Offshore Tax Shelter

An offshore tax shelter does just what its name suggests – provide a shelter from taxes by providing very low or no taxes on certain legal entities, transactions and services. Offshore tax shelters are countries where foreign nationals are capable of opening bank accounts, registering offshore companies, like Panama companies, or establishing trusts, corporations, limited liability companies, mutual and hedge funds.

The way in technological progress in technology especially internet and telecommunications has rapidly spread to virtually every corner of the world, made it possible for any economically capable country to convert itself into an offshore tax shelter.

The flight of many corporations to offshore tax shelters is often viewed as a direct result of a combination of factors. Based on tax exemptions that are granted to offshore banks and international business companies, corporations and entrepreneurs from around the world are able to source business and wealth offshore. In most instances, domestic taxes were either too elevated, strict and suppressive corporate laws were passed and businesses felt over weighted with unattractive and burdensome laws and taxes. The growth of offshore tax shelters was also spiraled by other factors such as lower operation costs and cheaper labor forces that were equally as well trained and educated in certain fields.

The existence and nature of offshore tax shelters helped in shifting global wealth from wealthy to poorer and developing nations, to which large sums capital investments were being made and contributed to infrastructural development and job creation. In the need to reduce elevated taxes, the registration of offshore corporations became a major source of revenue for many offshore tax shelters through incorporation and annual renewal and maintenance fees.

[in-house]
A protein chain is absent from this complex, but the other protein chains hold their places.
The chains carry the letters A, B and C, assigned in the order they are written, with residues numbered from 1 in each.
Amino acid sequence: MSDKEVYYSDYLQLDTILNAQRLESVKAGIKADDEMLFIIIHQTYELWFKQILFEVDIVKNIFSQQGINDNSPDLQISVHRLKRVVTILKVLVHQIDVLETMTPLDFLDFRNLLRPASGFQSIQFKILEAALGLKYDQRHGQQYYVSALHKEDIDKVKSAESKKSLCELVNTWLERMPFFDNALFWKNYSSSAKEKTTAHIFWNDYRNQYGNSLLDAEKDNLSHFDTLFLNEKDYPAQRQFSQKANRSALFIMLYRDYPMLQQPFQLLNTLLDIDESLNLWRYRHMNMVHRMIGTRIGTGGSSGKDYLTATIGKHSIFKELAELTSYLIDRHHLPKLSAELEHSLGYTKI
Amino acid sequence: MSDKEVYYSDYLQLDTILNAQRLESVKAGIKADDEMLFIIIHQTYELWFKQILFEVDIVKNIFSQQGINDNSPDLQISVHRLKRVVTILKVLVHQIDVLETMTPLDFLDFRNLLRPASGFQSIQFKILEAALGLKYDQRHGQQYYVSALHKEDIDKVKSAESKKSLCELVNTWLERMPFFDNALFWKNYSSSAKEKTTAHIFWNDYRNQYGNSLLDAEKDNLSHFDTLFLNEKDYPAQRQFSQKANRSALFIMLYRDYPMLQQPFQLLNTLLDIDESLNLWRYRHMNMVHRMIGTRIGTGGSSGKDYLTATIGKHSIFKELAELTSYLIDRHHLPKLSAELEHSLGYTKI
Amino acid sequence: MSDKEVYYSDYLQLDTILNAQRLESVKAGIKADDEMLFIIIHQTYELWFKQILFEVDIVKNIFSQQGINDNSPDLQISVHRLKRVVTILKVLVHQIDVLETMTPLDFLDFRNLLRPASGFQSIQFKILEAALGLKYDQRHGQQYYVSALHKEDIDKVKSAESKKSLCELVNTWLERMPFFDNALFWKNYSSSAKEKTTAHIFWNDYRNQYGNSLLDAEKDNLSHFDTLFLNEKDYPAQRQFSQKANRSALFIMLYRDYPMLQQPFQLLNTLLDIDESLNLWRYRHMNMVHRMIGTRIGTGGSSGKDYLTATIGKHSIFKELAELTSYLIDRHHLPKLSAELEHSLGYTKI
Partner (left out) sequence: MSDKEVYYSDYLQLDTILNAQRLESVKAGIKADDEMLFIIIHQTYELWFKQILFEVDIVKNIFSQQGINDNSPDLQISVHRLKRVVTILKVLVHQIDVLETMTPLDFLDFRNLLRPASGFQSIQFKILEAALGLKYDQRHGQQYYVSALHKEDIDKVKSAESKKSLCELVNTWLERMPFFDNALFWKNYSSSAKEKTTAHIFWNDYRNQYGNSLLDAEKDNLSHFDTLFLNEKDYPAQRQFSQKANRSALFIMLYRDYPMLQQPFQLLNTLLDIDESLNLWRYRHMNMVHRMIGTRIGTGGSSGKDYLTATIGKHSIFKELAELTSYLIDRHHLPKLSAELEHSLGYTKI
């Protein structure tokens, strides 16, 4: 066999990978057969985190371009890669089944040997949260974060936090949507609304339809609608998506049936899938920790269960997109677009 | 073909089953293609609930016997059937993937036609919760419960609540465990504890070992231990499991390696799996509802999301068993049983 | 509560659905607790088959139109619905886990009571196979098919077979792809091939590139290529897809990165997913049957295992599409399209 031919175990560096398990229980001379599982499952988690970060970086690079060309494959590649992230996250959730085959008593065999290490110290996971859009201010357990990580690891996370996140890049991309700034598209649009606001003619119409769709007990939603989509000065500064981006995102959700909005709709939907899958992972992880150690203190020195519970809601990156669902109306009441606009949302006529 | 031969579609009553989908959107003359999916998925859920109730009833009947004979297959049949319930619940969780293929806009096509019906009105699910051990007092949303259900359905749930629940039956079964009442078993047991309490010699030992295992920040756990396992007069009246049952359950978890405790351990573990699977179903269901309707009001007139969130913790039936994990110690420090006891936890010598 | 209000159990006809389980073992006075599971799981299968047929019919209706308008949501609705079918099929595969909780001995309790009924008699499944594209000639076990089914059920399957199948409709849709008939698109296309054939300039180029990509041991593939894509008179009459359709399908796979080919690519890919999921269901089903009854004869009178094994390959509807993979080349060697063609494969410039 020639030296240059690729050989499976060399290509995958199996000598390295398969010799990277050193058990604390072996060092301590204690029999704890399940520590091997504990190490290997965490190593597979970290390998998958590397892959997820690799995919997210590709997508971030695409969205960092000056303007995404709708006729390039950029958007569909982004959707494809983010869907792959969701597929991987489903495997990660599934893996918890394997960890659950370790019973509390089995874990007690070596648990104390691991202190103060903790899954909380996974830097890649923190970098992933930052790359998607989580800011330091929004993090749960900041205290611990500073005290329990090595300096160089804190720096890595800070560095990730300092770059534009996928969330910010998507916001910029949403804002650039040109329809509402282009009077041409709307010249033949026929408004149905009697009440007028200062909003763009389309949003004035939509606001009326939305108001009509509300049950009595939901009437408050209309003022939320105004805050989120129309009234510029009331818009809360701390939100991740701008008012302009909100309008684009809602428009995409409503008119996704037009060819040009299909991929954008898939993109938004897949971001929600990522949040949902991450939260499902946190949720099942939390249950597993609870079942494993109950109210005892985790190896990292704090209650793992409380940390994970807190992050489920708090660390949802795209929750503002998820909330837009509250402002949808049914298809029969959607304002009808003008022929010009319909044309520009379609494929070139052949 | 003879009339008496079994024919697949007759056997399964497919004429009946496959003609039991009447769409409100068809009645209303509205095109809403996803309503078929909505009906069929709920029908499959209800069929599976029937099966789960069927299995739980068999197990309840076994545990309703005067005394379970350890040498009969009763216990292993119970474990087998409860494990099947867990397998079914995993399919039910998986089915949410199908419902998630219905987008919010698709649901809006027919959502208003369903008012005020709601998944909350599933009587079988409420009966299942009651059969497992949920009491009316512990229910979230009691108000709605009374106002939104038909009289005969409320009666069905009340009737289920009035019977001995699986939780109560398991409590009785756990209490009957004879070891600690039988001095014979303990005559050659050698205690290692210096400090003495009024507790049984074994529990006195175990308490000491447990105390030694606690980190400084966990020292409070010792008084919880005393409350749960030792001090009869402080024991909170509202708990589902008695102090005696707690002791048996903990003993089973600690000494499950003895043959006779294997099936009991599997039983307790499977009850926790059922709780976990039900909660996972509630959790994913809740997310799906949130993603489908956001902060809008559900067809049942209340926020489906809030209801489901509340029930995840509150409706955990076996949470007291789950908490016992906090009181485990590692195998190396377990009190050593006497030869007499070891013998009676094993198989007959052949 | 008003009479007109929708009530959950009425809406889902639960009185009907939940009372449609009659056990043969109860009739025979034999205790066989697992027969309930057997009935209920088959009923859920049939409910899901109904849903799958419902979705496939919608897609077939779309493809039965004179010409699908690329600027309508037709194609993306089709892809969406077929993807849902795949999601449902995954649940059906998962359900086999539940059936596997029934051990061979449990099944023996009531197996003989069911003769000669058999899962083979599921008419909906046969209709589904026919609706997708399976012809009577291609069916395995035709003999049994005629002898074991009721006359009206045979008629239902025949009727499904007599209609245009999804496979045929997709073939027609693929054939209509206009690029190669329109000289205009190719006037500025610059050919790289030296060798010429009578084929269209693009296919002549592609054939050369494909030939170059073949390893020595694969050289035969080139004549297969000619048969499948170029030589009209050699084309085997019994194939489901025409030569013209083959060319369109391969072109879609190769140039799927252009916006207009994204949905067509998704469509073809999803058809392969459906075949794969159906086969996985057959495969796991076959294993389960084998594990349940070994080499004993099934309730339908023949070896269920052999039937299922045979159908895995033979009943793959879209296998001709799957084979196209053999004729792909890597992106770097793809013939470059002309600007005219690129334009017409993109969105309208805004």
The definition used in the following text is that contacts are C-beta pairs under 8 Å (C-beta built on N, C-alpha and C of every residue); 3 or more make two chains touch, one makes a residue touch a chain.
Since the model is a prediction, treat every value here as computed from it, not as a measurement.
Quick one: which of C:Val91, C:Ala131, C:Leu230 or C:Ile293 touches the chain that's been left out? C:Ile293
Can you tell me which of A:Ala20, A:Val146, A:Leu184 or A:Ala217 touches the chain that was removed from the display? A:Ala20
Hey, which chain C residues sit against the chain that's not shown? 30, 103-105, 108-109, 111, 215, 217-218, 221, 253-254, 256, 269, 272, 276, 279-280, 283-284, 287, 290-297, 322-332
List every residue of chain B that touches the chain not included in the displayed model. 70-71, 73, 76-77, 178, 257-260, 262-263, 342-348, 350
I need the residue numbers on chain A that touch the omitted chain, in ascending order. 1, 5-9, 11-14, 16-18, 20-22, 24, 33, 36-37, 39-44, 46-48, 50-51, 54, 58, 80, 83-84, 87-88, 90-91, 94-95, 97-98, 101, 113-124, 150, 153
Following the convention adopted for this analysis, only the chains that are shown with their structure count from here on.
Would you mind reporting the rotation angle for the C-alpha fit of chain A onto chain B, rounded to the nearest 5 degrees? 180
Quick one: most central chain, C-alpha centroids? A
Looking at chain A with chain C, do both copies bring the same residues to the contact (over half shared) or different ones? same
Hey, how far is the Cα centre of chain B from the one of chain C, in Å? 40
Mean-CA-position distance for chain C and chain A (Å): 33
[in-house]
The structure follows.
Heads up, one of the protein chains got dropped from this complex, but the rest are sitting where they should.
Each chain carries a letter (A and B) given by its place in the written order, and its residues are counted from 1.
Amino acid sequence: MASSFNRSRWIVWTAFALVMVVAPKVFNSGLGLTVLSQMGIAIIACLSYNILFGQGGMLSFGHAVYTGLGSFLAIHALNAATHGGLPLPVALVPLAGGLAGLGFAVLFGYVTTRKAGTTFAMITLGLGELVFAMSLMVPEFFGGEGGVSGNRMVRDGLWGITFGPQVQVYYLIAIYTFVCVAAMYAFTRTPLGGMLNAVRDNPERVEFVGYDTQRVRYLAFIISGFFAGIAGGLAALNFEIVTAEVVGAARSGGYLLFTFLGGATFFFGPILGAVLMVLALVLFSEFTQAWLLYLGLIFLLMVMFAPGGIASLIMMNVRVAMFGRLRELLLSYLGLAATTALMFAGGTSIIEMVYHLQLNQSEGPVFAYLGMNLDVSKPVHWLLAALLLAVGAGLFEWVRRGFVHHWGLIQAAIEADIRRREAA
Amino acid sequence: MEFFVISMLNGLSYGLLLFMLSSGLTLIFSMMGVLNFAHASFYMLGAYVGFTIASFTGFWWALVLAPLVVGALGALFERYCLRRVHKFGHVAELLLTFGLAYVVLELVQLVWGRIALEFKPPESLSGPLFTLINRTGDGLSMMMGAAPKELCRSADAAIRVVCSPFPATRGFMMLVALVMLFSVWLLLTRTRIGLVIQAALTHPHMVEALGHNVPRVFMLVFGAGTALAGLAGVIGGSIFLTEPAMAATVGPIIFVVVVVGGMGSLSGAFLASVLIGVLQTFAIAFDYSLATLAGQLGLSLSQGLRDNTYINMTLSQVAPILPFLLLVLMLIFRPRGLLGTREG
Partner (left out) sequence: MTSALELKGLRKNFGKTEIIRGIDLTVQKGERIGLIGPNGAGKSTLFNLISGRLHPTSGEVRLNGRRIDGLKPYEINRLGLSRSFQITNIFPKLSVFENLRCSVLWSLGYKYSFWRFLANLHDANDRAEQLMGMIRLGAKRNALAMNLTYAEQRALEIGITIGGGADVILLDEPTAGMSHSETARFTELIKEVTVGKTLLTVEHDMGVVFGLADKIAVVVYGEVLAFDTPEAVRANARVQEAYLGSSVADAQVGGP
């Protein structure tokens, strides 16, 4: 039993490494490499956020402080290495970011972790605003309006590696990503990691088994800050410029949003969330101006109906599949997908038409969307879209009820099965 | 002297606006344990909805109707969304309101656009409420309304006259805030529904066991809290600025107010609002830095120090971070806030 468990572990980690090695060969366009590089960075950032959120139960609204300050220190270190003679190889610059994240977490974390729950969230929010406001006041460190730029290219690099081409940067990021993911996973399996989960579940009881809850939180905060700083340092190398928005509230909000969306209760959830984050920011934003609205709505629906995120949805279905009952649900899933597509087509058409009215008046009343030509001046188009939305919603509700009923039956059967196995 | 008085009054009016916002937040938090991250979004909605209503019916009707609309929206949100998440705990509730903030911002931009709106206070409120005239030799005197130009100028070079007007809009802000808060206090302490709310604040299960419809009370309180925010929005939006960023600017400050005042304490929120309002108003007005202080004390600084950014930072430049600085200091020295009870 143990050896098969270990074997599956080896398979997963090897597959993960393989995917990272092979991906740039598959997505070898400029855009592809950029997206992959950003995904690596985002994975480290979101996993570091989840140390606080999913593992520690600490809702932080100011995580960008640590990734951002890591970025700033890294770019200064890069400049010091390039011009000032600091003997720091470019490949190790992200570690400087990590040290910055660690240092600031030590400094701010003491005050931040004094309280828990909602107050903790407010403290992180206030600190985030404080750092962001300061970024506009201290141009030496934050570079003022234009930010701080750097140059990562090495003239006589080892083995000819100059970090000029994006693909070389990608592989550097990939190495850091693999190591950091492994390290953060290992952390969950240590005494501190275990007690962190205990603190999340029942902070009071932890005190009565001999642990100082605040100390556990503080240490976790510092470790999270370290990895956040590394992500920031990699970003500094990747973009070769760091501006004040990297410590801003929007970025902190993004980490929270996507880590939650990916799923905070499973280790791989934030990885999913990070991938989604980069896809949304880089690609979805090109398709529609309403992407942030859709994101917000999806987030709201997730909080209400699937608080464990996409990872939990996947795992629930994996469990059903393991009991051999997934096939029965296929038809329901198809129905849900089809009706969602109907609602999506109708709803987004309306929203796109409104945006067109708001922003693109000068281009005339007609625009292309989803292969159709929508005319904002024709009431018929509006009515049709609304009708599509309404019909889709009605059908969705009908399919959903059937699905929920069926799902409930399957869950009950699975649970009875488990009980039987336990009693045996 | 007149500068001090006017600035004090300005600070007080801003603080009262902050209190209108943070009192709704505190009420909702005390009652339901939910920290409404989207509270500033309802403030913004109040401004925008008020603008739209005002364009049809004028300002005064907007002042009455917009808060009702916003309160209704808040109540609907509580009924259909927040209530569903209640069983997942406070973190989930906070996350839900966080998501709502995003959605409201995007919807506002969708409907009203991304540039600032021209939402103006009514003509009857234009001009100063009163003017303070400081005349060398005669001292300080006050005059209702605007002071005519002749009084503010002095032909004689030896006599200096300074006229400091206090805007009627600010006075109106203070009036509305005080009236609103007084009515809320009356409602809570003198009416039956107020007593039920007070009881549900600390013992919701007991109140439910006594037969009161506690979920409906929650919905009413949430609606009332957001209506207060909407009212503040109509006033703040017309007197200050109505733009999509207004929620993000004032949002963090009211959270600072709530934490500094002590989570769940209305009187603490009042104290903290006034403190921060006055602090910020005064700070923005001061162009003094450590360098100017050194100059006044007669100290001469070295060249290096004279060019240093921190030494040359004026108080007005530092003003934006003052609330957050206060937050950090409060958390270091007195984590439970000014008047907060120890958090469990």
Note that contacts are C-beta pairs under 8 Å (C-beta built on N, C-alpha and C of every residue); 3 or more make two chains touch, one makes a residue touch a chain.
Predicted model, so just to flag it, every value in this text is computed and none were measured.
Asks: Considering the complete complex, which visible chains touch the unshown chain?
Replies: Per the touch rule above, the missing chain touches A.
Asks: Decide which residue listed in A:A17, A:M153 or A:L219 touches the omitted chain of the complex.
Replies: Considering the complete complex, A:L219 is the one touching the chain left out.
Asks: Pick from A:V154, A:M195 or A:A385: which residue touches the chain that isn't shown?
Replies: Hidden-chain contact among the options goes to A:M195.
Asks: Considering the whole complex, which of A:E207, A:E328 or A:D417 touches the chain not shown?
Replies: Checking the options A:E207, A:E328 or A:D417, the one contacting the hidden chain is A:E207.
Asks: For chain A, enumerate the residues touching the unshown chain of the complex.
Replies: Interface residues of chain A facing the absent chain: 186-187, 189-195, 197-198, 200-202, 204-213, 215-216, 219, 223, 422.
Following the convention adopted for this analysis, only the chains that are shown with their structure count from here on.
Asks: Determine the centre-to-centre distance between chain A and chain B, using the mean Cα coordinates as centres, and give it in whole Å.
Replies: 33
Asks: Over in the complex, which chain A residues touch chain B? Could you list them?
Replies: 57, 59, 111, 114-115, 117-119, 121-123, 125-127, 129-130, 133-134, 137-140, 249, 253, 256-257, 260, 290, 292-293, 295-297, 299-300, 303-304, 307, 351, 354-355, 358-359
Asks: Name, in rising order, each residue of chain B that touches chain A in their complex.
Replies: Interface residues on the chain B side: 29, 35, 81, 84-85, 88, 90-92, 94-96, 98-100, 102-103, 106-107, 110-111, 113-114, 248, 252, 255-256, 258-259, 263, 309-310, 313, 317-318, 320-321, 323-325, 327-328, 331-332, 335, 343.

The impact of offshore tax shelters on the world economy, history and politics lead to the formation of international agencies such as the Financial Action Task Force (FATF) and Organisation for Economic Cooperation and Development, which saw the need to monitor and establish a form of control of both financial and legislative activities in offshore tax shelters. Members of the OECD acted in reaction to the reduced tax bases, which directly was translated into less revenue generated from taxes. The FATF, on the other hand, was concerned with the unprecedented transfer of funds that took place worldwide and sought means of clamping down and eliminating the transfer of funds that were deemed as having been acquired from suspicious sources. By implementing a number of measures that were geared at cleaning up the international offshore sector, offshore tax shelters were required to adhere to new policies and international financial regulations that sought to eliminate the exploitation of offshore financial services for illicit activities and establish uniformity in international tax laws.

Nevertheless, offshore tax havens have successfully revised their offshore legislations and built stronger offshore services by establishing frameworks that allow for the formation of offshore structures that enhance the possibility of asset and wealth protection and accumulating wealth. Offshore tax havens also serve as a haven for residents of countries where the right to seize savings, wealth and dictate succession and inheritance of assets by undemocratic dictatorial governments.

Offshore banking in tax shelters plays an important part in international business. Properly regulated and established offshore banks provide a platform for international trade and investments, as well as personal transactions when traveling or receiving or sending funds by wire. Offshore tax havens such as Bermuda, Bermuda, the Bahamas, Switzerland, Liechtenstein, Panama, the British Virgin Islands and the Cayman Islands have all made their names as established and premier offshore tax shelters. However, younger offshore tax shelters such as Belize, Dominica, Anguilla, St. Kitts and St. Vincent have over time made remarkable steps in building sound offshore financial services industries with sturdy legislative frameworks and regulations.

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